Illegal shipments, seized cargo and a $1m lawsuit: Documents reveal global trail of Brexit money man

Richard Cook, pictured in 2009 (Alan Milligan)
Richard Cook, pictured in 2009 (Alan Milligan)

RICHARD COOK once had high hopes of a career in politics. In 2010, he was tipped to be the next MP for East Renfrewshire as he took on Labour’s Jim Murphy in the once strongly Conservative constituency.

He lost heavily but during the campaign, Mr Cook, who lives in Clarkston, Glasgow, talked up his green credentials. He had worked for almost a decade in accounts for waste management company Biffa, but, in May 2008, had become a founding director of DDR Recycling.

The company operated from an industrial estate on the outskirts of Glasgow. But, while Mr Cook was urging voters to “clean-up politics”, his firm was shipping waste around the world. The legality of some of those shipments would be questioned by the authorities.

Here, documents and emails uncovered by the openDemocracy investigative website lay bare an international trail of debt and questionable deals.

Click on the points on the map to read more.


The Hack

There was a curious exchange between Richard Cook and the Environment Agency after the regulators were told a company called Xener Import Export based in Romania, had “acted as an intermediary” in the rubber shipment to India.

In June 2010, the Environmental Agency wrote to DDR pointing out Mr Cook’s LinkedIn page suggested he was a director of Xener.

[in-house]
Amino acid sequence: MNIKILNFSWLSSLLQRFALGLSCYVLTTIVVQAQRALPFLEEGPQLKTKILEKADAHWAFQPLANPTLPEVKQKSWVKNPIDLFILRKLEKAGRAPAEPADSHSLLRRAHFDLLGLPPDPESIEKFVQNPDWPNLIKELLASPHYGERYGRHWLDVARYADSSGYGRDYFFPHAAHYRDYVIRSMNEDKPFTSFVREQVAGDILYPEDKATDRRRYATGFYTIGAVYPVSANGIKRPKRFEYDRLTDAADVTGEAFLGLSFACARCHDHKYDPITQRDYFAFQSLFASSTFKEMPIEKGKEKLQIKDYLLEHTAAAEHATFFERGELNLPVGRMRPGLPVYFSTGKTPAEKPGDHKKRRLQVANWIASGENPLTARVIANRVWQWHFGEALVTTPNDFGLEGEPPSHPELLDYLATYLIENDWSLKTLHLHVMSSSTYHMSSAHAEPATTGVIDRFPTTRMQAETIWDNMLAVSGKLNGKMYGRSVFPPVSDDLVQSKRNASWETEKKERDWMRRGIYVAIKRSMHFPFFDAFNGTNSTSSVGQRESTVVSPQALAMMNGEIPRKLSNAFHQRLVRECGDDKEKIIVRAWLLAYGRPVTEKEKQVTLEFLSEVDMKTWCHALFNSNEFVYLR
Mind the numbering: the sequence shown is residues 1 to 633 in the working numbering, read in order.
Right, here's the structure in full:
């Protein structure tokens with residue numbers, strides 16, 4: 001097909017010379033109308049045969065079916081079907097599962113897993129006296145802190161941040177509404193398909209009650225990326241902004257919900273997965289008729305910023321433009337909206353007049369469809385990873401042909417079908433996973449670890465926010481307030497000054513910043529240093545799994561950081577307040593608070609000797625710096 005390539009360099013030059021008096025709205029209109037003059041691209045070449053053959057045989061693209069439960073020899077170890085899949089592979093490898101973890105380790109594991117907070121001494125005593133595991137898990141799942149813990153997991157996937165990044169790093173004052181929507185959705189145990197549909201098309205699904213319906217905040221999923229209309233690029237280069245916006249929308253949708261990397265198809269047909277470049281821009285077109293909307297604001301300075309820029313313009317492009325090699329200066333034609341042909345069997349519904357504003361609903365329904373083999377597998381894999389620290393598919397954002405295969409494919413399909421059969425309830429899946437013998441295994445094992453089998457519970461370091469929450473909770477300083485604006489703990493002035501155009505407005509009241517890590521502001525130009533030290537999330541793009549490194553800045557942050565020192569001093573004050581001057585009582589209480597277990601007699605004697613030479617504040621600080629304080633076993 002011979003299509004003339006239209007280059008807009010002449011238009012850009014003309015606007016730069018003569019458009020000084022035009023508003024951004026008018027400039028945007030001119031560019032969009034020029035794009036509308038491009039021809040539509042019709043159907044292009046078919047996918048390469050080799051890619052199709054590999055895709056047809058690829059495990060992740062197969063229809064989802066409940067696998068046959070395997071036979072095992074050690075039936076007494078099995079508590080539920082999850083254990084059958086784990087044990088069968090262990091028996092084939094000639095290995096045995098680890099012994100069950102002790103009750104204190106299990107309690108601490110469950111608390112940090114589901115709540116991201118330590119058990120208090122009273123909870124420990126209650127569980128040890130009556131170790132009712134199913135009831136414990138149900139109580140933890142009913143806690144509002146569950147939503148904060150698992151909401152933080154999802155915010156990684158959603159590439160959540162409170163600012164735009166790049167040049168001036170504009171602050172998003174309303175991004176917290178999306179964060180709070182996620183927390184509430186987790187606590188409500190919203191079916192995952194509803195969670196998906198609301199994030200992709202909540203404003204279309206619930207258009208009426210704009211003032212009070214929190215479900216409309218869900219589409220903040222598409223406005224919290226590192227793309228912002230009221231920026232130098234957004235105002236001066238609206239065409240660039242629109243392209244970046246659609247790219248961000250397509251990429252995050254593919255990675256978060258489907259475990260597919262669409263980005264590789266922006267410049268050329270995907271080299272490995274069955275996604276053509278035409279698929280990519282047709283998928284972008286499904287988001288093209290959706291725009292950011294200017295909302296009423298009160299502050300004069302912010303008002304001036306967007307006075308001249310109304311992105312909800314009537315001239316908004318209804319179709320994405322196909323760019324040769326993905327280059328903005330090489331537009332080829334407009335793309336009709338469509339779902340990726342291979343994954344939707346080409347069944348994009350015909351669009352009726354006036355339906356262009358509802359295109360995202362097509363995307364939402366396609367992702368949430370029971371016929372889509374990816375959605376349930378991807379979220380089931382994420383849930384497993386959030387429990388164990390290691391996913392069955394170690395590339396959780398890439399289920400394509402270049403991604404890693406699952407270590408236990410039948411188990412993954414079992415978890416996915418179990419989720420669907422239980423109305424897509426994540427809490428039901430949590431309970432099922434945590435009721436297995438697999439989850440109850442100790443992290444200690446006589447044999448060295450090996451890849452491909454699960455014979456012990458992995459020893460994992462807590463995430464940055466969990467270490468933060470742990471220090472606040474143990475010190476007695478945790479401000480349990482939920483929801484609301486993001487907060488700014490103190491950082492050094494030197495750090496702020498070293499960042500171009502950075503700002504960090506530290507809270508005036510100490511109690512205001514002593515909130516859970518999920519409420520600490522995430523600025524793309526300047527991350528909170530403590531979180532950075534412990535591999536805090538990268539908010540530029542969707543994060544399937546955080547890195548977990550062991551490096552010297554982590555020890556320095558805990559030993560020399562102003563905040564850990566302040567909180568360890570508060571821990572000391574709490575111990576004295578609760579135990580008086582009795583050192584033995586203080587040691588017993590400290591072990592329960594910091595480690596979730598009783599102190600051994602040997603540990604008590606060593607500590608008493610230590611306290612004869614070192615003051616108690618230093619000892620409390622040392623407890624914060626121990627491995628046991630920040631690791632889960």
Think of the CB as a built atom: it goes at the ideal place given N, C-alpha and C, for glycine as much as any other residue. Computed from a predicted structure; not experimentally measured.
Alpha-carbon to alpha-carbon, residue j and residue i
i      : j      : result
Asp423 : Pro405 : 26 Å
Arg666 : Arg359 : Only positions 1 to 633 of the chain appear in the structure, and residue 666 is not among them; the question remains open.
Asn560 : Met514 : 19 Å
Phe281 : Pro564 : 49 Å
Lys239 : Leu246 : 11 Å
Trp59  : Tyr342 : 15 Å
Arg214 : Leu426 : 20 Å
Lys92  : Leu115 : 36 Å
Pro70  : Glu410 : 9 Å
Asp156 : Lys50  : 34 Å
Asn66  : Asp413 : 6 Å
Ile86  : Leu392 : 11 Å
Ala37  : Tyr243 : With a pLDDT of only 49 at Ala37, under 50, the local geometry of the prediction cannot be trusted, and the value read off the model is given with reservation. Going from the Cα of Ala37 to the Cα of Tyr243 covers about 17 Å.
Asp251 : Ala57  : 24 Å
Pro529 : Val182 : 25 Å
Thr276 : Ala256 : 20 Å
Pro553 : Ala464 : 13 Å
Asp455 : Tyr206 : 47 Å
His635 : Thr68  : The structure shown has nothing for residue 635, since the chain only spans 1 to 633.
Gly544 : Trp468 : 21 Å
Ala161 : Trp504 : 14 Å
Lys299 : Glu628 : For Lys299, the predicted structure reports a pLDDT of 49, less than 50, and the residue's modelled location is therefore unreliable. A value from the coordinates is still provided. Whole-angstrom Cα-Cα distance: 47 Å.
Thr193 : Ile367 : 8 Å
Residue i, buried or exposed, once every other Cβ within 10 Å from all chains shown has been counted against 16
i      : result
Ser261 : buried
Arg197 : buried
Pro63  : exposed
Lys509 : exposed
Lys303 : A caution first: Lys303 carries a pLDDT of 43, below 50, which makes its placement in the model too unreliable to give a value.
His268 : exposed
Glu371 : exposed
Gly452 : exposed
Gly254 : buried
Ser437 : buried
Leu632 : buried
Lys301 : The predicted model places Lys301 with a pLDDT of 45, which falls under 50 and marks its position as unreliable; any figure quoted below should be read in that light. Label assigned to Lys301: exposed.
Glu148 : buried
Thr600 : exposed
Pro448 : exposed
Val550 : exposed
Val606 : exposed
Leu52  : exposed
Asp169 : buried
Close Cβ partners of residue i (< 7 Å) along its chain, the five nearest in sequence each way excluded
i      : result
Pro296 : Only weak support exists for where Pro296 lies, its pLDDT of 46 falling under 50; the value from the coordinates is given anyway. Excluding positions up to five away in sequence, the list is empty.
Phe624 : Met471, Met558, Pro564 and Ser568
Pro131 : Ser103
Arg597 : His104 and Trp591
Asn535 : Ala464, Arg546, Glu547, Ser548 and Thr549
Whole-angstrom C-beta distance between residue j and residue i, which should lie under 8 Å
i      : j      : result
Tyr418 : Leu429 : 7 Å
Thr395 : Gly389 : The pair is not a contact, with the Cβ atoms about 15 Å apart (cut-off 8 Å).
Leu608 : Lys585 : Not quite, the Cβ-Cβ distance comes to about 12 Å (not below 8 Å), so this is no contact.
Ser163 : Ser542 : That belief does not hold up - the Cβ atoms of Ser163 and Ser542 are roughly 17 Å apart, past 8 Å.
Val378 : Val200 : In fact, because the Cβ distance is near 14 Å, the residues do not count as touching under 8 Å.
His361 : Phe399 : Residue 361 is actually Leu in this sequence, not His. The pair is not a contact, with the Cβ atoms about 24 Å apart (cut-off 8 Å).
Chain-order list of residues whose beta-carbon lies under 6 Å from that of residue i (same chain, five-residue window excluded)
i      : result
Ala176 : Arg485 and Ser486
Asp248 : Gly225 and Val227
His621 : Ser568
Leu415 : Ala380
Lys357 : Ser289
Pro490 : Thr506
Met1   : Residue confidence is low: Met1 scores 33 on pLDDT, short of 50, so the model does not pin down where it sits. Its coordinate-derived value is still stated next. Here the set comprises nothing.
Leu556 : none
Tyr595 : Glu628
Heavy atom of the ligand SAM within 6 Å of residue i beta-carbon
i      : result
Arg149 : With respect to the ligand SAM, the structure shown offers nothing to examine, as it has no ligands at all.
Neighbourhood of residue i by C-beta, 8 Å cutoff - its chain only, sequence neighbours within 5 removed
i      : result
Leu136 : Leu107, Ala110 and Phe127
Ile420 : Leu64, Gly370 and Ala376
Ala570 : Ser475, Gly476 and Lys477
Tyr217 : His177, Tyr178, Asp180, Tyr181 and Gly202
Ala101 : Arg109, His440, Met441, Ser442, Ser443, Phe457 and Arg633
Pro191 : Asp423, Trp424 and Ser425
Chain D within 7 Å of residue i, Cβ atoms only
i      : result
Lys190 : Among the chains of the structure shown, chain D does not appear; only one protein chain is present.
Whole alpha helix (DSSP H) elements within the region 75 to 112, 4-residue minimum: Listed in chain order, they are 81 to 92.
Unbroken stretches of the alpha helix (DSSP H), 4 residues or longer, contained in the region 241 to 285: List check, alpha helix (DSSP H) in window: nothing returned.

In response, Mr Cook denied he had ever been a director and suggested his Linkedin page must have been hacked and that he would be asking the firm to investigate.

It is not believed LinkedIn received any complaint.


The response

Businessman Richard Cook strongly denies any suggestion of wrongdoing in any of his business dealings.

He declined to respond in detail but a spokesman said there was no evidence to suggest any wrongdoing in the global deals struck by his former waste management company DDR.

In a rare interview last year, Mr Cook, chairman of the secretive Constitutional Research Council and, so far, the only member identified, dismissed concern around the £435,000 donation to the DUP to fund Brexit campaigning during the referendum.

Mr Cook, a former vice-chairman of the Scottish Tories, told the Sunday Herald: “The CRC is regulated by the Electoral Commission. We operate solely in the UK. We accept donations only from eligible UK donors.

“We donate solely to permissible UK entities. Any suggestion that we have done anything else is basically defamatory.”

“I’m not going to get into the donors, like I am not going to get into the members.”

The electoral authorities insist there is no need to investigate the source of the CRC’s £435,000 donation to the DUP further although that decision may be challenged in court.

The ongoing focus on the source of the money is part of wider international concern around how so-called “dark money” and the digital profiling and targeting of voters is being used to influence elections.

The DUP said the party has been “open and transparent” about the money. A spokesman said: “The DUP is well aware of its responsibilities and has complied with the regulations as set out by the Electoral Commission.

“If we had failed to comply, we would be subject to further investigation. In the interests of transparency we have provided information in the public domain which we were not legally obliged to provide.”

INVESTIGATION: Deals, no deals, and dubious deals… the trail of Brexit Leave campaign’s mystery money man Richard Cook – read more